Sweetener Sucralose can impact T Cell immune response limiting T cell proliferation and differentiation

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The intake of high doses of sucralose results in immunomodulatory effects by limiting T cell proliferation and T cell differentiation. 

Scientists at the Francis Crick Institute have discovered that high consumption of sucralose, a widely used artificial sweetener, can reduce the activation of T-cells, a crucial part of the immune system, in mice.

If this effect can also be observed in humans, sucralose may be employed therapeutically to regulate T-cell responses, such as in patients with autoimmune diseases who experience uncontrolled T-cell activation.

In a study published in peer reviewed journal: Nature on March 15, the study team from Francis Crick Institute examined the consequences of sucralose on the immune systems of mice.
https://www.nature.com/articles/s41586-023-05801-6

Sucralose (E 955), FSA-Q-2011-00724, was discovered in 1976. Sucralose is sold under the brand name Splenda® [23]. Sucralose is a substituted disaccharide, a non-nutritive sweetener that is synthesized by the selective chlorination of sucrose in three of the primary hydroxyl groups [34].

The chemical name for sucralose is 1,6-dichloro-1,6-dideoxy-b-D-fructofuranosyl 4-chloro-4-deoxy-a-D-galactopyranoside [24]. Taking sucrose as a reference, its sweetening power is 600 [24]. Its ADI is 15 mg/kg/d of body weight by the JECFA (Joint Expert Committee on Food Additives) [28], EFSA (European Food Safety Agency) [29], and ANMAT (National Administration of Drugs, Foods and Medical Devices) [26] (Table 1).

Sucralose is poorly absorbed, undergoes little metabolism, and enters unchanged into the lower gastrointestinal tract, being excreted primarily unchanged in the feces in all species, including humans, and more than 85% of the consumed sucralose reaches the colon [23]. Therefore, sucralose could possibly either alter or change the gut microbiota composition, although it is scarcely metabolized by intestinal bacteria [24].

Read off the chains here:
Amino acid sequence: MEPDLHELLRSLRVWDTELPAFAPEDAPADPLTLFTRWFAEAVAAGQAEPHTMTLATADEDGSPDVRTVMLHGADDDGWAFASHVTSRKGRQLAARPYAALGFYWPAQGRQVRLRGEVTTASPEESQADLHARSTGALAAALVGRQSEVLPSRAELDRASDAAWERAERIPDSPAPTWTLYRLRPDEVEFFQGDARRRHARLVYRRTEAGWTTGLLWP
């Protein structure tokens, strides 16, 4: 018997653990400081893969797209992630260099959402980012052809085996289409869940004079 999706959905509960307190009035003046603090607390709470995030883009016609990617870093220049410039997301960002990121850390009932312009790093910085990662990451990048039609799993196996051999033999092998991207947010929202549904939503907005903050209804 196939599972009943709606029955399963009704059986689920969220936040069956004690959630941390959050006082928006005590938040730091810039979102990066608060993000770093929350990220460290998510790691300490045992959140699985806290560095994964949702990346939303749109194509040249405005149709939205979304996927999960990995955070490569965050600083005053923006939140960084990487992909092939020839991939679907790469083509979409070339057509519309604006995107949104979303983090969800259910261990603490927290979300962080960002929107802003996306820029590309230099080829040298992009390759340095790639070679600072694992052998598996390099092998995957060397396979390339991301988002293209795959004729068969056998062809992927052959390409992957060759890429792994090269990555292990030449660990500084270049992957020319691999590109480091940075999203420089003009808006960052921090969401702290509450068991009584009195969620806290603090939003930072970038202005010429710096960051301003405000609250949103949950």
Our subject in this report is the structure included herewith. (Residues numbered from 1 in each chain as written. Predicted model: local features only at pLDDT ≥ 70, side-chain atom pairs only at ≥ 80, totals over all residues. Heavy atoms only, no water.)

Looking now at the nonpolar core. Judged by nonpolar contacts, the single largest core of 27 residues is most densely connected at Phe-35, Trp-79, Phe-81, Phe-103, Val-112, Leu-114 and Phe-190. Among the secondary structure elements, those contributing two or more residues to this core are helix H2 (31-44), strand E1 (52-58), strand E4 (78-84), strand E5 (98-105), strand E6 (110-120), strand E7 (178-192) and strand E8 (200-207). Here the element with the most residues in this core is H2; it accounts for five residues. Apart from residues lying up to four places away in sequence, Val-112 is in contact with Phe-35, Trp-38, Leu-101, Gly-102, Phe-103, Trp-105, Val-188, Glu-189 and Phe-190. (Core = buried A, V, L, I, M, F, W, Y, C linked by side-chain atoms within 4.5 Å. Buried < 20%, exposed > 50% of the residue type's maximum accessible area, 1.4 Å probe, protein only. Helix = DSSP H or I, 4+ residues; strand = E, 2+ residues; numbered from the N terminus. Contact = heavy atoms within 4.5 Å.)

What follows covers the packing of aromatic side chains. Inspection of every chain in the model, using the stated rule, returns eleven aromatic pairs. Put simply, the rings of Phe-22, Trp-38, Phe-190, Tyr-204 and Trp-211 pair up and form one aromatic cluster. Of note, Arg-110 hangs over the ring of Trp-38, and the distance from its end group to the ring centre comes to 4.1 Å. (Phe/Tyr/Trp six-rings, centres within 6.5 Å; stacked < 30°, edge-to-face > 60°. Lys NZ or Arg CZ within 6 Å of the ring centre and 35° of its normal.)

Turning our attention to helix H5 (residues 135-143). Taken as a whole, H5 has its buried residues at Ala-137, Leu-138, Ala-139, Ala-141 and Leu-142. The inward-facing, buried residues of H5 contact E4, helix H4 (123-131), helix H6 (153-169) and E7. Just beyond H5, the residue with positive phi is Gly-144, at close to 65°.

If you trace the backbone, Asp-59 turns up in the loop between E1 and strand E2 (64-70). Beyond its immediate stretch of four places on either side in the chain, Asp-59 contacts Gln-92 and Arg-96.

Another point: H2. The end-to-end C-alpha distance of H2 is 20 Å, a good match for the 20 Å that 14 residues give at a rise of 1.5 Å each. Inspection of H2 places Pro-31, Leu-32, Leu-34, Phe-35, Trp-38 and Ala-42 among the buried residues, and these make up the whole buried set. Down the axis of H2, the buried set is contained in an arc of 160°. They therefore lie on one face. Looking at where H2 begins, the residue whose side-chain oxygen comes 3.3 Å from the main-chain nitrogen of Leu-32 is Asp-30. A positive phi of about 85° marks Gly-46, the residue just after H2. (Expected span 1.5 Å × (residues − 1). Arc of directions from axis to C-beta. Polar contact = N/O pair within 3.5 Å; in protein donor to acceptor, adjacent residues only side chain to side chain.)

When evaluating the effects of saccharin and sucralose on the gut microbiota, several aspects must be considered, including the dose used in the studies and the average daily amount consumed by the population and the ADI of these sweeteners. In particular, the ADI is used in many studies on gut microbiota and sweeteners as a reference dose.

As an example of average consumption by a population, we can take the data on sweetener consumption by the Spanish population. In 2020, 0.11 kg/per capita was consumed, which was 26.2% more than in 2019 [35]. This amount represents 0.3 g/p/d of different sweeteners (Table 2).

The ADIs for saccharin and sucralose, according to the JECFA, are 5 mg/kg/day and 15 mg/kg/day, respectively [25,28], which means that a 70 kg subject could consume a maximum of 350 mg of saccharin and 1050 mg sucralose.

Based on this, the average consumption of the Spanish population would not exceed the ADI for either of the two sweeteners, but it should be considered that these are average data and there may be people with higher consumptions that are exceeding the ADI. Thus, evaluating how those doses may impact the microbiota composition is not without relevance.

Table 2

ADI. Mean consumption of sweeteners in the Spanish population.

SaccharinSucralose
ADI mg/kg body wt (JECFA)5 mg/kg15 mg/kg
ADI subject 70 kg350 mg1050 mg
Average consumption of the Spanish population300 mg/day

reference link : https://www.ncbi.nlm.nih.gov/pmc/articles/PMC9029443/

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